I hope you find the attached information useful.... It is a .pdf file, set up to print in "Landscape" format, and currently runs 5 pages in length.... If any of you have BC data you wish to share, that is corrected to zero altitude and "standard" ICAO atmospheric conditions, please send it to me via PM and I will consider including it.... In reality, my shooting time to allow me to work my way through all these bullets and pellets is very limited for the next 2 years until we close the Motel in Feb. 2021.... By that time, however, I plan to have a LabRadar doppler radar Chronograph, and the time to use it.... In the meantime, I will use available data to fine tune the Form Factors I am using to estimate BCs and possibly expand the database as well....

Bob
« Last Edit: February 23, 2019, 06:22:08 PM by rsterne »


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rsterne

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Re: Cast Bullet Database - A Work In Progress
« Reply #1 on: January 23, 2019, 08:08:22 AM »
Here is the G1 Drag Model, showing how the Drag Coefficient increases with velocity....



Here is the exact same chart, with the Cd plotted against the Mach number instead of fps....



The range between Mach 0.8-1.2 is called the "Transonic" range.... Note the extreme increase in drag in that range (over 5X).... This means that bullets launched in that range (or just above it) don't stay supersonic very long.... and it also means that in that range they are at the mercy of the wind and drift more, even though they are going faster.... Add that to the inability of PCPs to achieve Supersonic velocities with any level of efficiency.... and you will quickly understand why staying under Mach 0.9 (1000 fps) is of critical importance to us....

Bob
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rsterne

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Re: Cast Bullet Database - Roundball BCs
« Reply #2 on: January 23, 2019, 03:11:12 PM »
I have developed a list of calculated BCs for pure lead roundball…. It contains the approximate Subsonic BC (G1)…. and also the BC (GS), which should be valid for all velocities below Mach 2, including Subsonic and Transonic, for spheres less than 1" in diameter.... The fact that these two BCs are not even close to the same value shows how important it is to use the proper drag model for the shape of the projectile.... Here is my calculated data....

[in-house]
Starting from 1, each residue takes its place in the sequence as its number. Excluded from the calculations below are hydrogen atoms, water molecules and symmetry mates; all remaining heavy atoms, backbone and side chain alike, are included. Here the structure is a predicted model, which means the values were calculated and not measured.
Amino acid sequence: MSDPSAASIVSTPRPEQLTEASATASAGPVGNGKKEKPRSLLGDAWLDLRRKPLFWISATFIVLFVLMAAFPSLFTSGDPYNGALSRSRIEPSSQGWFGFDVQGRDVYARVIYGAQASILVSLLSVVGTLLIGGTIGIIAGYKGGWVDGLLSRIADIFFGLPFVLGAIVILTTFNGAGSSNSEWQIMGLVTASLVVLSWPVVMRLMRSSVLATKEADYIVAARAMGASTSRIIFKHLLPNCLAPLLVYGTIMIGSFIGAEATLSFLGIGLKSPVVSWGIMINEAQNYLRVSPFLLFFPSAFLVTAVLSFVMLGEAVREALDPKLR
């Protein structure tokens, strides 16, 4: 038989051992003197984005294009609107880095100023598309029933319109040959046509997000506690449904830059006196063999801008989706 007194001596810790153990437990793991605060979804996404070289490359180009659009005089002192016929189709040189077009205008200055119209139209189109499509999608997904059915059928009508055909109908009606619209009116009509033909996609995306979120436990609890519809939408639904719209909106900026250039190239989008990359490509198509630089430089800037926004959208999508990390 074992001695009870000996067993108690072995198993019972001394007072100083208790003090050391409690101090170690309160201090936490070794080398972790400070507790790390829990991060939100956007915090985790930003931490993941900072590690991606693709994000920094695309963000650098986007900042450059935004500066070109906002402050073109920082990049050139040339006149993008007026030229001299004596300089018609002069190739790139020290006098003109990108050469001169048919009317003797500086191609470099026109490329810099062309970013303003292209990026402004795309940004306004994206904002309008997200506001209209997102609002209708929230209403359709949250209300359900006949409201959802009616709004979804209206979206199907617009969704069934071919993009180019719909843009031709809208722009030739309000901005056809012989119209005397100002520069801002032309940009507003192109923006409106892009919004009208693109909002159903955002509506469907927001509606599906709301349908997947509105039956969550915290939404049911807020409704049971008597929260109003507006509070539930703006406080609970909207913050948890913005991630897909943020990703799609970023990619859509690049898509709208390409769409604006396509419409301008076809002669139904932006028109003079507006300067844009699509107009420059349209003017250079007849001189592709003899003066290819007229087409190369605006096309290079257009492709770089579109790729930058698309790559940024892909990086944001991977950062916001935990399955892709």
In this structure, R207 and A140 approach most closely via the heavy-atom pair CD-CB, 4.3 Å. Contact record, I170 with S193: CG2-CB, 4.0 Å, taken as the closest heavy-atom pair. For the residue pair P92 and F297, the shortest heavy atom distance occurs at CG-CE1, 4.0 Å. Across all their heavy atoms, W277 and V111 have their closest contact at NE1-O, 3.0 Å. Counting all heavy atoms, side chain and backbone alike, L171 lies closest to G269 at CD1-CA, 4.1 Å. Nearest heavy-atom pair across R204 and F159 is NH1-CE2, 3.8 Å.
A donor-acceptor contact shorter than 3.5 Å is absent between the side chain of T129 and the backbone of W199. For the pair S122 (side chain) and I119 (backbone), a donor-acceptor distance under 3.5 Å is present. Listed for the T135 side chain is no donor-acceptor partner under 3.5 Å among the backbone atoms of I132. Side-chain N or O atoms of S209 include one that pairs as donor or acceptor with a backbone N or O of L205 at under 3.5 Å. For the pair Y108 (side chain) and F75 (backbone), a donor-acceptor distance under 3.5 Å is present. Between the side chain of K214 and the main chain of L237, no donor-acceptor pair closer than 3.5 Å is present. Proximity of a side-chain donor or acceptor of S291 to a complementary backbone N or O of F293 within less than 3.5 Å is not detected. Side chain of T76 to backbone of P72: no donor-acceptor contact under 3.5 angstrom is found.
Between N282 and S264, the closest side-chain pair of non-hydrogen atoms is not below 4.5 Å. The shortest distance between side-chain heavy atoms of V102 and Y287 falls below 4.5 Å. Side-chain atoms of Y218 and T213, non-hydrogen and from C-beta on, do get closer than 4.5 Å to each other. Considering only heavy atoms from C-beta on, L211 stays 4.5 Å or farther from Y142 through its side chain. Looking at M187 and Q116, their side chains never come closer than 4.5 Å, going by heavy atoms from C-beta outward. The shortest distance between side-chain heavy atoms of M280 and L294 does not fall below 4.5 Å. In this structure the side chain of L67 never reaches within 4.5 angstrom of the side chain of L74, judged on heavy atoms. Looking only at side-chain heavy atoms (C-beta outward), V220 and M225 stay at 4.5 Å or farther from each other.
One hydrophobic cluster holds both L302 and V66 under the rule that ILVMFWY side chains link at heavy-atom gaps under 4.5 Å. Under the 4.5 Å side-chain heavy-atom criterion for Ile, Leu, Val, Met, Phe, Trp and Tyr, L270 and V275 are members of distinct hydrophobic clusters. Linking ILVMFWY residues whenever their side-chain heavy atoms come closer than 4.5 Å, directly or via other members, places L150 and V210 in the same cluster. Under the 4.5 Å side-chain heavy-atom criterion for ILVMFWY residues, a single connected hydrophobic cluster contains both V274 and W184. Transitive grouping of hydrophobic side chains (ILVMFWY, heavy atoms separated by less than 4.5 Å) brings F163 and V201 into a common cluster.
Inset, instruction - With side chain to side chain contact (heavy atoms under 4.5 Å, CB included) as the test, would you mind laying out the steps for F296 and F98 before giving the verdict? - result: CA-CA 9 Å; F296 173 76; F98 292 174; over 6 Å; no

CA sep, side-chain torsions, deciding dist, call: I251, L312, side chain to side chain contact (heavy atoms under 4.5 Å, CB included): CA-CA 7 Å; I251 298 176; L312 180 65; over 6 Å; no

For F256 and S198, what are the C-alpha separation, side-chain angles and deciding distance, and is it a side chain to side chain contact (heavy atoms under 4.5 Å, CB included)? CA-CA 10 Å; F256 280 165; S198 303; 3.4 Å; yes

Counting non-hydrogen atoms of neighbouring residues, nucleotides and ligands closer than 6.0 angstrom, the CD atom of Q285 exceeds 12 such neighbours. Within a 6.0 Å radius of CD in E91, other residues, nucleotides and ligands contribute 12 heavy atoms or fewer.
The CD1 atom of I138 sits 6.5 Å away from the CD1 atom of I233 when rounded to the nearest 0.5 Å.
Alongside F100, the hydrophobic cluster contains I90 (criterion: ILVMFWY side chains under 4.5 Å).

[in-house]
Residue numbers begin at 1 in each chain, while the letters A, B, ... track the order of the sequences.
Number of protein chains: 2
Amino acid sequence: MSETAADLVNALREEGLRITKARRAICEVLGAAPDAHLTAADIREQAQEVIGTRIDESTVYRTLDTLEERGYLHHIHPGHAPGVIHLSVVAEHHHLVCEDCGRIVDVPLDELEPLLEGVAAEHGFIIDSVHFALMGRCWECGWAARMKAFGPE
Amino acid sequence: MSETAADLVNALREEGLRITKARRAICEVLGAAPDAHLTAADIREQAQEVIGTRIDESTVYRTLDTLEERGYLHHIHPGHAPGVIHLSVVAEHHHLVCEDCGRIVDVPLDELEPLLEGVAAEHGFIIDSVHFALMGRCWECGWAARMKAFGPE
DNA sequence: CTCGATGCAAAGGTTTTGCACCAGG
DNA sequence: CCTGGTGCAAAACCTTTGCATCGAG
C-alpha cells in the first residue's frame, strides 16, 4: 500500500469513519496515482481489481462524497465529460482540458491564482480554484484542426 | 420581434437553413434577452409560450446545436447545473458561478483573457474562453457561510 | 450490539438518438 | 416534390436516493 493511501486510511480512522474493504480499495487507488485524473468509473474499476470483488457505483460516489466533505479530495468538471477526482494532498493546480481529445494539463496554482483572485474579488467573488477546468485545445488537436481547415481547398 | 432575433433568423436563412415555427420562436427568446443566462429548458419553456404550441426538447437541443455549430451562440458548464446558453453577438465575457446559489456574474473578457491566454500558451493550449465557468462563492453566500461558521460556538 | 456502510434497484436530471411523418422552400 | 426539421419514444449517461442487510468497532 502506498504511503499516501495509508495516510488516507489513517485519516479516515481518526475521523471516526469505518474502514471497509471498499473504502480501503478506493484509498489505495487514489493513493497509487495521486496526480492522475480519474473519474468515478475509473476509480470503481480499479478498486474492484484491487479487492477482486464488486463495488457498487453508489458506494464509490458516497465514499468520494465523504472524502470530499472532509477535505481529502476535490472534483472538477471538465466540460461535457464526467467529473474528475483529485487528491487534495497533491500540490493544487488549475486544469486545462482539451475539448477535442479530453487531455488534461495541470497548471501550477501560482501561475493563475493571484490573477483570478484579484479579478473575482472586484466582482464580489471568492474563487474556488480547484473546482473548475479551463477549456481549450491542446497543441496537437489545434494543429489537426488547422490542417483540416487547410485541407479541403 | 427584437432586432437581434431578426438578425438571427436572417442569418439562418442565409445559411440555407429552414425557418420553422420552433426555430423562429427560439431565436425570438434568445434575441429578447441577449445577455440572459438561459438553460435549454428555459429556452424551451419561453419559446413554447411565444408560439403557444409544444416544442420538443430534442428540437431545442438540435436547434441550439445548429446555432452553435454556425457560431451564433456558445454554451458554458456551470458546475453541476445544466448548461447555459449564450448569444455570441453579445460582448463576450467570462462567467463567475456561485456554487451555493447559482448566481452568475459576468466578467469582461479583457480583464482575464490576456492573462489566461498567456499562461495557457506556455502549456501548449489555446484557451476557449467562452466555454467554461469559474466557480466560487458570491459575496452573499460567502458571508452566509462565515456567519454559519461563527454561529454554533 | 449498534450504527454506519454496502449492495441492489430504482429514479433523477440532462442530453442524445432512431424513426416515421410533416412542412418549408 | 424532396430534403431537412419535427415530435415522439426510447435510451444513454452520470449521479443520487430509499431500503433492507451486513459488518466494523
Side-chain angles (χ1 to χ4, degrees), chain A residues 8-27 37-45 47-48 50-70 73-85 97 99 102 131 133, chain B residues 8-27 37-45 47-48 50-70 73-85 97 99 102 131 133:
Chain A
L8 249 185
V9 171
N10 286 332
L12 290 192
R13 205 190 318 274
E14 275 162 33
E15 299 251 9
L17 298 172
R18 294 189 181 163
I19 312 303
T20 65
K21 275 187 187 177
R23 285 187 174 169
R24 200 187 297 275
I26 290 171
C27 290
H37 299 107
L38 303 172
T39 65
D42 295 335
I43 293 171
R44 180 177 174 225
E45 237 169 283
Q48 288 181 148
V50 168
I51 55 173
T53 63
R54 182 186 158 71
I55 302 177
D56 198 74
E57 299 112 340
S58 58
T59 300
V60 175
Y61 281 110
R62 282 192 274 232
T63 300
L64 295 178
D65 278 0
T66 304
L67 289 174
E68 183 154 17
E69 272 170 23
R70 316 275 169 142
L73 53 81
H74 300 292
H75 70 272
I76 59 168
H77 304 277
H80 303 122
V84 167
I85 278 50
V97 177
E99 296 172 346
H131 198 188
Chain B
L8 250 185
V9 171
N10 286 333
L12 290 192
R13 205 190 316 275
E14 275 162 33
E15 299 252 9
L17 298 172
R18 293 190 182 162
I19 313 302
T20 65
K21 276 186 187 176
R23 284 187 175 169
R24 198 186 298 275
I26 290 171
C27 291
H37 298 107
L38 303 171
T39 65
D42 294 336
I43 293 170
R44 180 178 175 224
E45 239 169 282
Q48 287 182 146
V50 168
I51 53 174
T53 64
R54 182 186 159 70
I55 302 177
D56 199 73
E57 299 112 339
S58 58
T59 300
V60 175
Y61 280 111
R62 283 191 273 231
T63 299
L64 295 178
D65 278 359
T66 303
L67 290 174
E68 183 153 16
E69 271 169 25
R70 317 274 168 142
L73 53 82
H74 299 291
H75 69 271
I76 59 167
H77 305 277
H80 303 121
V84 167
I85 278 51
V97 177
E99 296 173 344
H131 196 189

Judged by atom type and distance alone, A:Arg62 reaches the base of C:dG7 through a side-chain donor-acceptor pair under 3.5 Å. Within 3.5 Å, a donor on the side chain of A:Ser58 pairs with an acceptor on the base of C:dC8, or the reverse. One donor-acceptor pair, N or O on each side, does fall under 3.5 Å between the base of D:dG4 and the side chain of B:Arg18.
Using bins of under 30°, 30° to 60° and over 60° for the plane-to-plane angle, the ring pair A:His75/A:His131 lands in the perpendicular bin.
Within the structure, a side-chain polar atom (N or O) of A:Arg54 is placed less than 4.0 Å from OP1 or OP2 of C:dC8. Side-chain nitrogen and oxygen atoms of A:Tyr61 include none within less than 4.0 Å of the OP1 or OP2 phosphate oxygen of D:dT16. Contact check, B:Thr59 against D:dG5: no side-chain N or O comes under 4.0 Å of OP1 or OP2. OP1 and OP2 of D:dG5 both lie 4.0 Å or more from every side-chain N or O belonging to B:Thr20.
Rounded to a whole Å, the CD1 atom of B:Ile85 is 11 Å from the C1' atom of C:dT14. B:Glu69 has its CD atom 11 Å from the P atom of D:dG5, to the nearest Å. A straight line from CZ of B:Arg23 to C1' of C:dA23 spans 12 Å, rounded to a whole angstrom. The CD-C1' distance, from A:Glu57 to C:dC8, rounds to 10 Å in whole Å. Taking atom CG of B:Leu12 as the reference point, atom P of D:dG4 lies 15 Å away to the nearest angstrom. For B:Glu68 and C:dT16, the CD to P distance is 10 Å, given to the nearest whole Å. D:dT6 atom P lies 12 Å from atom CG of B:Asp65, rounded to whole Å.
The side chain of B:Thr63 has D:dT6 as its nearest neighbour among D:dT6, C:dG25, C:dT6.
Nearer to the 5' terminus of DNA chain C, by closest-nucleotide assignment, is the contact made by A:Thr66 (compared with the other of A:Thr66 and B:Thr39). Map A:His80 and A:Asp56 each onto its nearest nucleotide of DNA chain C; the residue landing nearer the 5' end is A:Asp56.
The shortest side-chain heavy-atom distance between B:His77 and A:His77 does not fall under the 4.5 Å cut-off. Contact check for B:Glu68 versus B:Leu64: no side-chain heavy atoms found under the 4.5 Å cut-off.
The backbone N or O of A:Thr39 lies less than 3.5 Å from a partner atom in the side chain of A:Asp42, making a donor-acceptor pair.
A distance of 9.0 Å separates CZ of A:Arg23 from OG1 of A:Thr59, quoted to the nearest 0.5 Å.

Here are the drag models the above is based on.... Note that the Cd of a sphere is much greater than that of the G1 standard bullet....



Just as the Cd at various velocities of the G1 (and G7) drag models has been carefully studied and recorded, the GS drag model was developed by measuring the drag of a standard sphere of 9/16" diameter at velocities up to Mach 2.... If you Google the drag coefficient of a sphere, you will find the value 0.47, which is true at low velocities.... At 1500 fps and above, it increases to 1.00, as shown above.... ChairGun assigns a BC of 0.200 to the standard 0.562" sphere when made of lead and weighing 266 gr.... I have not been able to find that BC assignment in the literature, but Strelok uses the same.... so you can easily calculate the BC (GS) by using BC (cal.) = 0.200 x (cal.) / 0.562.... This is because the SD is proportional to the caliber, and BC is proportional to SD....

If you have the GS drag model available, as in ChairGun or Strelok, you should use that, and then input the BC appropriate for your caliber from the BC (GS) column in the above table.... If your trajectory program does not support the GS model, you can get an approximation of the trajectory by selecting the G1 drag model and using the BC (G1) shown in red above.... I determined by simple comparison in trajectory (to the GS model) over 200 yards using ChairGun (with a MV of 900 fps) that for a sphere, you can calculate the BC (G1) by using BC = SD / 1.60.... ie the FF (G1) of a sphere at 900 fps is 1.60....  NOTE, YOU CANNOT USE THE G1 BC WITH THE GS DRAG MODEL, OR VICE VERSA....

Bob
« Last Edit: January 27, 2019, 09:57:37 AM by rsterne »
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rsterne

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Re: Cast Bullet Database - A Work In Progress
« Reply #3 on: January 25, 2019, 09:56:59 AM »
Database in OP updated, a couple of small errors corrected, .25 cal, .30 cal, and .36 cal buckshot added....

Bob
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Re: Cast Bullet Database - A Work In Progress
« Reply #4 on: January 25, 2019, 05:36:53 PM »
Thank you, Bob. Just started casting my own bullets for the first time this week. Haven't had a chance to shoot them yet (nor the BBT's that Ricky sent me) but this casting thing can get addicting.